Tell it to the families of the five soldiers. They were killed in a rocket attack from Shiite-controlled east Baghdad. That sounds like combat. That sounds like war. The American people are not being leveled with.

Under the Status of Forces Agreement between the Bush administration and the government of Prime Minister Nouri al-Maliki, the U.S. military is to leave Iraq by the end of the year. Iraq’s Iran-backed government and the most powerful figure outside the government, Muqtada al Sadr, have said they want U.S. forces out. But despite President Obama’s reassurances, American military leaders aren’t so certain it’s time to leave. As the Christian Science Monitor reported, “[T]he attack could provide a new impetus for the Pentagon to push for an extension of the US military presence in the country.” It quotes the chairman of the Joint Chiefs of Staff, Admiral Mike Mullen: “[T]here is still much work to be done and still plenty of extremists aided by states and organizations who are bent on pulling Iraq back into violence.”  Defense Secretary Robert Gates said last month that staying on would send “a powerful signal to the region that we’re not leaving, that we will continue to play a part. I think it would not be reassuring to Iran, and that’s a good thing.”

Gate’s soon-to-be-successor, Leon Panetta, says the Iraqi government will probably ask that some American troops stay on after the deadline. If so, “that ought to be seriously considered by the president,” Panetta says. But on this matter, Gates has conceded, “[W]hether we like it or not, we’re not very popular there.”

So the “non-war” rages on and may continue past the promised termination point. Of course Iraq is not the only serious matter being overshadowed. Afghanistan, Libya, and Yemen are still deadly playgrounds for the ruling elite, and an attack on Iran cannot be ruled out. But Rep. Weiner’s online sexual activities outrank all of this. Perhaps keeping the American people distracted is the mainstream media’s idea of serving the country.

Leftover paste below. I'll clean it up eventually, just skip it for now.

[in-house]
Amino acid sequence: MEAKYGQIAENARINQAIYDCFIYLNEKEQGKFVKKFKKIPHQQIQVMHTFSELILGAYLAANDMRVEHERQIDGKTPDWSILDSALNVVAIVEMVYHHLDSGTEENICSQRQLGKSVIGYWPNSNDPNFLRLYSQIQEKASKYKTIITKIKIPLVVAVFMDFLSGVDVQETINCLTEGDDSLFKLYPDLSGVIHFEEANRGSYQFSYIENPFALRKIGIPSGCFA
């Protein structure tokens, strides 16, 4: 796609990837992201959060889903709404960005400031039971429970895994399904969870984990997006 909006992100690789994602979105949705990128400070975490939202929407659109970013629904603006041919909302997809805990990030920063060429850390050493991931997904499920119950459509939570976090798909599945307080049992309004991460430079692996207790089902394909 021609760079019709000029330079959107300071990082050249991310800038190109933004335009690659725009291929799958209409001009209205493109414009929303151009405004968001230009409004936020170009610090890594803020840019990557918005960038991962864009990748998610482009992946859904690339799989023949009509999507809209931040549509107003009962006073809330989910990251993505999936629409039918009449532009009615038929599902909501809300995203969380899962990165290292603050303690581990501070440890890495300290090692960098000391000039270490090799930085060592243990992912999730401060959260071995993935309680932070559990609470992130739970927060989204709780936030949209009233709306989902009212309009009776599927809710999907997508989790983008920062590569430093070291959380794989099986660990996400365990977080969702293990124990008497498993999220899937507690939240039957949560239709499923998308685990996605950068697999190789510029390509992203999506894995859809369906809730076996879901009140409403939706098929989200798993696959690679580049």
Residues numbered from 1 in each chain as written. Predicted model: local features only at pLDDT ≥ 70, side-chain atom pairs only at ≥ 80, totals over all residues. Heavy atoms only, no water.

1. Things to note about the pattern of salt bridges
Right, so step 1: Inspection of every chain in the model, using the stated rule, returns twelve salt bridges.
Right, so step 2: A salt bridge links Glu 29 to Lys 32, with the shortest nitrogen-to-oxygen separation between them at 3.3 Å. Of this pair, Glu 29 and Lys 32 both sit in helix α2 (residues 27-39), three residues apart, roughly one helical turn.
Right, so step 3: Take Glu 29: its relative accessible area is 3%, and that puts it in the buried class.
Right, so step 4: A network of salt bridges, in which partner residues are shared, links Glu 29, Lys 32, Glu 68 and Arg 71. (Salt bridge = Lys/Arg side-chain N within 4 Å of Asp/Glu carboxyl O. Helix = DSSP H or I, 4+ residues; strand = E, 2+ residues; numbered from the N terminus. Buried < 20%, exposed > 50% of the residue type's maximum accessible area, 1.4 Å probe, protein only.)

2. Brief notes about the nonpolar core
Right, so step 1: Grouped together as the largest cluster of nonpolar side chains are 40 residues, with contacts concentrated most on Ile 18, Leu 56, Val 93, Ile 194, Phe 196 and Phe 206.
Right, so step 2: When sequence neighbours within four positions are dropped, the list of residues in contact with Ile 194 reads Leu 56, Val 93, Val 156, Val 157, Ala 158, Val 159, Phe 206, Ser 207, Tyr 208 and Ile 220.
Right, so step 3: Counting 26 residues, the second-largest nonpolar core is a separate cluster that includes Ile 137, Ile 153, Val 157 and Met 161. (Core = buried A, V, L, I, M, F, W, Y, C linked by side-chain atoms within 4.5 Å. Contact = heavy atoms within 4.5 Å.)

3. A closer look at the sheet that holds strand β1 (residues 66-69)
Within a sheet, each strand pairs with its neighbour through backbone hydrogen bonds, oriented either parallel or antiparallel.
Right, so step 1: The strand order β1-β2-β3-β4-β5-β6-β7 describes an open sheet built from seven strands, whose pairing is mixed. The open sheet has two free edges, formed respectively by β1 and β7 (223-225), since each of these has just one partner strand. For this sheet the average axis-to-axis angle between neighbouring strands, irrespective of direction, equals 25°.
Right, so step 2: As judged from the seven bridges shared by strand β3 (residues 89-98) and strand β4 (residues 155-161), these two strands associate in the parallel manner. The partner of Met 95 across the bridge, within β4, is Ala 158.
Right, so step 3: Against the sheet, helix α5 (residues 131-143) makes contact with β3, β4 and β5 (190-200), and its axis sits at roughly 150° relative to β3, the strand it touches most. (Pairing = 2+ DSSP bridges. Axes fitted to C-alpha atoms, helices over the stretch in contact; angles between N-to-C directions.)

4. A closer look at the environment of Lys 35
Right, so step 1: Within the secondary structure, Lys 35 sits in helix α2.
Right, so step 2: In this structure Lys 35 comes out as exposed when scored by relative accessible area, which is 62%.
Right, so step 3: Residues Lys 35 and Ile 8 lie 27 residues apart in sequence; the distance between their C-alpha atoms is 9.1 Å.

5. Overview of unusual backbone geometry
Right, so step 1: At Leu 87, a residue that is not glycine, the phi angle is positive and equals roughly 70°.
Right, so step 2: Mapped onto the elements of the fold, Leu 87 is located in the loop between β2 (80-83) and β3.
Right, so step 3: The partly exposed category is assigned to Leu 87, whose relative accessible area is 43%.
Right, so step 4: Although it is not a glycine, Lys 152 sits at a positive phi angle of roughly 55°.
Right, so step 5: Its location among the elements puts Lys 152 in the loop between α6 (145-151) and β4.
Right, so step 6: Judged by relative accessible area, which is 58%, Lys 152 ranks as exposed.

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    Sheldon Richman is vice president of The Future of Freedom Foundation and editor of FFF's monthly journal, Future of Freedom. For 15 years he was editor of The Freeman, published by the Foundation for Economic Education in Irvington, New York. He is the author of FFF's award-winning book Separating School & State: How to Liberate America's Families; Your Money or Your Life: Why We Must Abolish the Income Tax; and Tethered Citizens: Time to Repeal the Welfare State. Calling for the abolition, not the reform, of public schooling. Separating School & State has become a landmark book in both libertarian and educational circles. In his column in the Financial Times, Michael Prowse wrote: "I recommend a subversive tract, Separating School & State by Sheldon Richman of the Cato Institute, a Washington think tank... . I also think that Mr. Richman is right to fear that state education undermines personal responsibility..." Sheldon's articles on economic policy, education, civil liberties, American history, foreign policy, and the Middle East have appeared in the Washington Post, Wall Street Journal, American Scholar, Chicago Tribune, USA Today, Washington Times, The American Conservative, Insight, Cato Policy Report, Journal of Economic Development, The Freeman, The World & I, Reason, Washington Report on Middle East Affairs, Middle East Policy, Liberty magazine, and other publications. He is a contributor to the The Concise Encyclopedia of Economics. A former newspaper reporter and senior editor at the Cato Institute and the Institute for Humane Studies, Sheldon is a graduate of Temple University in Philadelphia. He blogs at Free Association. Send him e-mail.